This automatic stay makes it impossible for the foreclosure and sale of your property to move forward while the bankruptcy is pending.
This can give you up to four months of delay.
For a comprehensive overview of whether you should file for bankruptcy, watch the candid four-minute video on When should You file for bankruptcy?
During the automatic stay, your lender will be working diligently to lift the stay.
You can find answers to the most commonly asked questions at bankruptcy FAQ's.
Here's how It works!
The foreclosure process officially starts when you lender files a foreclosure summons and complaint about lack of payment on your property.
In some instances, your loan documents may specify that your lender is required to send you certain official notices before moving to the foreclosure summons and complaint phase.
Ohio State doesn't have a legal statute that mandates notice before a lender files a foreclosure case.
However, such notice may be spelled out in provisions in your mortgage loan agreement.
Pre-foreclosure Notices & Time to Cure
There are some stipulations that aren't in the Ohio statutes, but still must be adhered to if they are in your mortgage contract.
If your mortgage document contains a provision that requires the lender to provide written notice of the default before calling the entire loan amount due, this notice must happen even though not stipulated in Ohio foreclosure laws.
Time to cure might also be in your loan agreement. If so, it stipulates that you be allowed a period of time after receiving the notice of default to bring your loan current by paying all past due payments and associated charges before the bank or lender may begin filing for foreclosure.
It is not a part of the Ohio State foreclosure process. You should check your mortgage loan documents to see if these provisions are part of your loan.
The Official Complaint
At the point where are pre-foreclosure requirements have been met, you can expect to receive a complaint.
It can be lengthy or brief but will be a legal document including all pertinent information on the mortgage loan terms, the claim that you have defaulted and what the lender wants to be done as a result.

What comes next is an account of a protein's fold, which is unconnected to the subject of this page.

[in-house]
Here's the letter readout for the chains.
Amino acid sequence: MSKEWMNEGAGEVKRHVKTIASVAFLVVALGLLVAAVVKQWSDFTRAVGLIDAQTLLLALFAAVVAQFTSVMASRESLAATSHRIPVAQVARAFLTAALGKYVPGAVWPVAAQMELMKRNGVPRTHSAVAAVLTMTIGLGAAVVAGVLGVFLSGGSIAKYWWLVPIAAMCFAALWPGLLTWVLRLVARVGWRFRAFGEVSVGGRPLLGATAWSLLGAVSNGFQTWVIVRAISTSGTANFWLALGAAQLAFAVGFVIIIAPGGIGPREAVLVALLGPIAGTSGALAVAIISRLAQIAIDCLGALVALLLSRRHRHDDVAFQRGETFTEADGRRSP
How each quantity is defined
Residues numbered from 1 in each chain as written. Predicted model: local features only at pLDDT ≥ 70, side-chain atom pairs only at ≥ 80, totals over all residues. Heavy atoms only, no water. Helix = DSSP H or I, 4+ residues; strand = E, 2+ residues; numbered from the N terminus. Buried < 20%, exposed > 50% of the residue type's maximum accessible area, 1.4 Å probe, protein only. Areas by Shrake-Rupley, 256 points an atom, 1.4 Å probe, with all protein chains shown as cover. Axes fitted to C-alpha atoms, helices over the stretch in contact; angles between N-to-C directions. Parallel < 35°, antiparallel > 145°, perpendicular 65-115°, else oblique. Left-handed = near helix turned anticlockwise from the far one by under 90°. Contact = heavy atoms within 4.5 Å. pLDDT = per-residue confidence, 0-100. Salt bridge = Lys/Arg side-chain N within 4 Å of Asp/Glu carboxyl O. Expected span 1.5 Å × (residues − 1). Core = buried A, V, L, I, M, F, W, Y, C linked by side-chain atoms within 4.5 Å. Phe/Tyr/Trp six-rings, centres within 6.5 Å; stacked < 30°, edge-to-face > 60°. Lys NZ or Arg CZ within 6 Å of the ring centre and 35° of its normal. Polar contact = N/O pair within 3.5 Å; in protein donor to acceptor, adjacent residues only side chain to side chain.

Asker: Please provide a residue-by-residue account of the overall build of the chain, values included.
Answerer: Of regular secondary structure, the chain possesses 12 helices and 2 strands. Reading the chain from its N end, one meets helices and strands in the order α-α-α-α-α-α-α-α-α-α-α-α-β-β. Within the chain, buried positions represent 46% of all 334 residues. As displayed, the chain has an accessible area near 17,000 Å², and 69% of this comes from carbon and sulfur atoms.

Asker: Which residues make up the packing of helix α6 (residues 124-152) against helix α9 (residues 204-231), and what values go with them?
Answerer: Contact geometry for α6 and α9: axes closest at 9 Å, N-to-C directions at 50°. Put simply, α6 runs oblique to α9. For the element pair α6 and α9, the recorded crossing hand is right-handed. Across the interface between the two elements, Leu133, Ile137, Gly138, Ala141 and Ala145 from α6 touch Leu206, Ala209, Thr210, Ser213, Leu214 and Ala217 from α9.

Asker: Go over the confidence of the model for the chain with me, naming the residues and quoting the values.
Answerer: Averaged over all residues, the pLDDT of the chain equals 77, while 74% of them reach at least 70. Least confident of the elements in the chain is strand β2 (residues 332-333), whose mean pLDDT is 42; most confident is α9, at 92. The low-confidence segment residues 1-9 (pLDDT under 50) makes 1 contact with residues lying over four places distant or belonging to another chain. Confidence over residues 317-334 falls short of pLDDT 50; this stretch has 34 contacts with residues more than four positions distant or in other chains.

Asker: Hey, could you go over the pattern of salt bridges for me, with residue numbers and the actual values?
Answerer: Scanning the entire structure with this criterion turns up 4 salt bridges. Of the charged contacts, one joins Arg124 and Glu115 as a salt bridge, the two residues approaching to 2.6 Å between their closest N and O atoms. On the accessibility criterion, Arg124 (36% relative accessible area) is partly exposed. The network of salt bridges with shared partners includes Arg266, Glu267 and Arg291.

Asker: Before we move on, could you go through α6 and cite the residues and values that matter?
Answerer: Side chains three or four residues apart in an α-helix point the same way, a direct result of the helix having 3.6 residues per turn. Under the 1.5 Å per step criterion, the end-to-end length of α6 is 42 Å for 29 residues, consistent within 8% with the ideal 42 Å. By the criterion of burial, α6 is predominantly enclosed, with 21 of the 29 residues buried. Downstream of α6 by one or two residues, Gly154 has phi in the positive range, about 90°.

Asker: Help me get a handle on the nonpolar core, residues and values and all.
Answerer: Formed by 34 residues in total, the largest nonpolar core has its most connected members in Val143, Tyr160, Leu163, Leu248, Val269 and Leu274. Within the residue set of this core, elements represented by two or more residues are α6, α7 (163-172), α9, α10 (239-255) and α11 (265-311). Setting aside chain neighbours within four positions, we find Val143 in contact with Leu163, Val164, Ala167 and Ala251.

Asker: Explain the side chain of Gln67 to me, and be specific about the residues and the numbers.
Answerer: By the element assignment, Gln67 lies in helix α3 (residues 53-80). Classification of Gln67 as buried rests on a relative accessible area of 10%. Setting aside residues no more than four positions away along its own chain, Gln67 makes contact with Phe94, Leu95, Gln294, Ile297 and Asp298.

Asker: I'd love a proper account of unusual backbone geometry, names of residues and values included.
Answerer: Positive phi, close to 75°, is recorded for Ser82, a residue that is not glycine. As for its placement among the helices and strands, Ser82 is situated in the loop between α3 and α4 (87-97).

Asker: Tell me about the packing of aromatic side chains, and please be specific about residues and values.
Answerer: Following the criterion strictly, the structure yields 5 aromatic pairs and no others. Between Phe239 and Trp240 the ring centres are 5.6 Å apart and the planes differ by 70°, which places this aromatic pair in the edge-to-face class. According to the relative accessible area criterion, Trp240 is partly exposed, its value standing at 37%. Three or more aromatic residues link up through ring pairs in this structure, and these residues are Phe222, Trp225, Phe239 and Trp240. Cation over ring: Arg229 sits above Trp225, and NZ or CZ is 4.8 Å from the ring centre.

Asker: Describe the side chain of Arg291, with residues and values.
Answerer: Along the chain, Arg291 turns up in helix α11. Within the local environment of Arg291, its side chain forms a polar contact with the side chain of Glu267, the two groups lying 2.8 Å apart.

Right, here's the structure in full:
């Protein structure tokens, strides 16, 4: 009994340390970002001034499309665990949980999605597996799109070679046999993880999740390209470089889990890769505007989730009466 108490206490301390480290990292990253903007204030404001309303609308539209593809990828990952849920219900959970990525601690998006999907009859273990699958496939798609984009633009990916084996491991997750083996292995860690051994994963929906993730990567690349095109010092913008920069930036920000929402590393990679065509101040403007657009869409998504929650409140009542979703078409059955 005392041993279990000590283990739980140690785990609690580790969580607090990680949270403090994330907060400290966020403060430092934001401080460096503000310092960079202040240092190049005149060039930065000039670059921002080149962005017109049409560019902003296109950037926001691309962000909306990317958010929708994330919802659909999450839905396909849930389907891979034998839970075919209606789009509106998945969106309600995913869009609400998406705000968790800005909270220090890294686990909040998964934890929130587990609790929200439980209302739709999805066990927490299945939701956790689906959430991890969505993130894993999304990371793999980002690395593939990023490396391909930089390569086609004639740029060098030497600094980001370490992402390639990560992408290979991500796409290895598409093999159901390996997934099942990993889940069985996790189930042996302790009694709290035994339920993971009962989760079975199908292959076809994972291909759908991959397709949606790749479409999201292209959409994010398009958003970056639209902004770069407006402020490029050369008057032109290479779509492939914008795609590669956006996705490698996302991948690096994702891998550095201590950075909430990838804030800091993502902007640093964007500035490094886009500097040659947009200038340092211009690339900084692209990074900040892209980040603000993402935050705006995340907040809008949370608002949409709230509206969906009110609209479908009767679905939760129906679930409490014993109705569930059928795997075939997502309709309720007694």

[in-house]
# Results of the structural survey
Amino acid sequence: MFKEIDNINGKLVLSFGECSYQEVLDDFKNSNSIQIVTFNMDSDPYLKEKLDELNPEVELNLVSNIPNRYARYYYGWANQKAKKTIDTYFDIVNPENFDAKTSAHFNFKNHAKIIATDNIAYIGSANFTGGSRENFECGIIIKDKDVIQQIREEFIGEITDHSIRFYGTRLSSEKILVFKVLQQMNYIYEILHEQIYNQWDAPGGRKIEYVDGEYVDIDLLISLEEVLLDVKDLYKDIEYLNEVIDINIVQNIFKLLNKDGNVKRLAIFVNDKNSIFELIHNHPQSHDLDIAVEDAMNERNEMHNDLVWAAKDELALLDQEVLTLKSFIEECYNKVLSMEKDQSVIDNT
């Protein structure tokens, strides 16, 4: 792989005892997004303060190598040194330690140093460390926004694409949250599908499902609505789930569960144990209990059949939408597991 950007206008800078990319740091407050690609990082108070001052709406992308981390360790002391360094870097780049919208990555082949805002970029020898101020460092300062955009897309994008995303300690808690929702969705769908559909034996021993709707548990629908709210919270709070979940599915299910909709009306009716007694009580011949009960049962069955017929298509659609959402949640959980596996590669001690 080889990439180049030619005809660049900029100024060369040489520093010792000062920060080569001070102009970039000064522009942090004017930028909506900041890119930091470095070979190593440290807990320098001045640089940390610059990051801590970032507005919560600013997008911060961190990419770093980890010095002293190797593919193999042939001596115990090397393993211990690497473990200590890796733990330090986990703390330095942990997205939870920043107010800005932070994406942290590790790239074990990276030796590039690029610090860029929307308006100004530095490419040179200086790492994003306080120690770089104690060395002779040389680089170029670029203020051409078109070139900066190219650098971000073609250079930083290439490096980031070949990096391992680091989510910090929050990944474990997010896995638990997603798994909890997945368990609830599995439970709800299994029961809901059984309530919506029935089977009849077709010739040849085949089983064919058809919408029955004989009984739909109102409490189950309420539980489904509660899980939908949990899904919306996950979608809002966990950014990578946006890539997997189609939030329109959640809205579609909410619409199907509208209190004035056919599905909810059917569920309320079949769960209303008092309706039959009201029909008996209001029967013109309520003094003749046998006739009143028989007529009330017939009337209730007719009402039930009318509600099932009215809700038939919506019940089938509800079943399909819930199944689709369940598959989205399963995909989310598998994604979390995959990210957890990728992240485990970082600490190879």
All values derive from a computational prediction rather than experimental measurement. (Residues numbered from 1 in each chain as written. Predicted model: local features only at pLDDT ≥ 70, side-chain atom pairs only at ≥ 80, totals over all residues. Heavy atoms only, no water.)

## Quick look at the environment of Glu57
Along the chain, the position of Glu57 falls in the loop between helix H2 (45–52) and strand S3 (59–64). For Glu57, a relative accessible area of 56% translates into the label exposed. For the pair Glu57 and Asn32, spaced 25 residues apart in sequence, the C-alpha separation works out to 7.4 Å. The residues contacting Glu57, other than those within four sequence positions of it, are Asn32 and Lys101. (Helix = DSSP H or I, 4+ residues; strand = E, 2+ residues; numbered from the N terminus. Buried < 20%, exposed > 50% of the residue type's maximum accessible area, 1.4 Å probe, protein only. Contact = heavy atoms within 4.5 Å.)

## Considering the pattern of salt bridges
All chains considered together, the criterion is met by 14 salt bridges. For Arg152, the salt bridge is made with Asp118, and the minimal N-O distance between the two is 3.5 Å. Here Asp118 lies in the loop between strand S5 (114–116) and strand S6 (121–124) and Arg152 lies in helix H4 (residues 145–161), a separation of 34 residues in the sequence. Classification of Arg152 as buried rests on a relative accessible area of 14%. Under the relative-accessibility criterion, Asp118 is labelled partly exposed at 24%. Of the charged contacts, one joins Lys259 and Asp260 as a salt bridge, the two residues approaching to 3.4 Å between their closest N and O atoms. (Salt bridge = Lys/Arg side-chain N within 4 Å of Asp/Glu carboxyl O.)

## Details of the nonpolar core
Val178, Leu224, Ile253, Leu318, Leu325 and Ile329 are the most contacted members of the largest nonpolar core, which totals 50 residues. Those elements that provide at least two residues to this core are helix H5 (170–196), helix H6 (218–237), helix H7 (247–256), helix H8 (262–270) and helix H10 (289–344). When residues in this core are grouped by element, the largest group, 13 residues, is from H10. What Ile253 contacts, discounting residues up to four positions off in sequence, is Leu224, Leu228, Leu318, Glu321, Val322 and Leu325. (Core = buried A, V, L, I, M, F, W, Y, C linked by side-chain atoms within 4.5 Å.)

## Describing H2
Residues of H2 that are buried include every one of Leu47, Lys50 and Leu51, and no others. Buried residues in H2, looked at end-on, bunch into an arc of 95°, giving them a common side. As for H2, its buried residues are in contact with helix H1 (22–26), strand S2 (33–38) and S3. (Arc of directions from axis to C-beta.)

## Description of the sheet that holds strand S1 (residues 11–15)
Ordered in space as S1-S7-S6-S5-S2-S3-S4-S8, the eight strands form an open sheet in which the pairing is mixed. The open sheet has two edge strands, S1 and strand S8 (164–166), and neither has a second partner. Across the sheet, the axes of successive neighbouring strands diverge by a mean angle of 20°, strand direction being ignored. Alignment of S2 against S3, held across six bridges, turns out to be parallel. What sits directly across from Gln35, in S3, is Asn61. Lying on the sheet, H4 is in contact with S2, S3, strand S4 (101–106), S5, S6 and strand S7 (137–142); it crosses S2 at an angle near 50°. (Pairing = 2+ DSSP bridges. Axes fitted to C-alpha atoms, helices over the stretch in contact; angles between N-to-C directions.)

Responding to the Complaint
Carefully read the complaint and examine the attached documents.
You have 28 days from the date that the summons and complaint were served to respond.
You must file your answer in court within three days of serving your response to the lender.
What If You Don't Respond?
Not filing an answer or filing an answer late may result in the court granting a default judgment against you.
This essentially means the lender automatically wins the foreclosure judgment.
What if You Need More Time to Respond?
You can request that the court grant an extension of time to answer.
This is often referred to as "leave to plead".
Some counties will give you an automatic 30-day leave to plead period given that you and the lender's counsel both agree to the time extension in writing.
If the homeowner involved in the foreclosure in currently serving in the military, foreclosure can be delayed a period of time by invoking the rights provided in the Service Members Civil Relief Act(SCRRA).
This military protection act can allow more time to deal with the foreclosure process.
Is There Any Recourse if You Default?
If you have a good reason for missing the deadline you might still be able to object to the complaint.
If you were ill, did not receive adequate time after being served the complaint or some other legitimate reason, you will generally be given a short period of time to object to the motion after filed - usually less than a week.
In cases where the court holds default hearing, you can appear at the hearing and request to enter your position at that time.
Each individual court has jurisdiction as to whether to grant the request.
What Happens if there are Cross-Claim?
There can be instances where another lender will file an additional cross-claim.
This can happen if you owe another debt that is secured by your property or if you have more than one mortgage.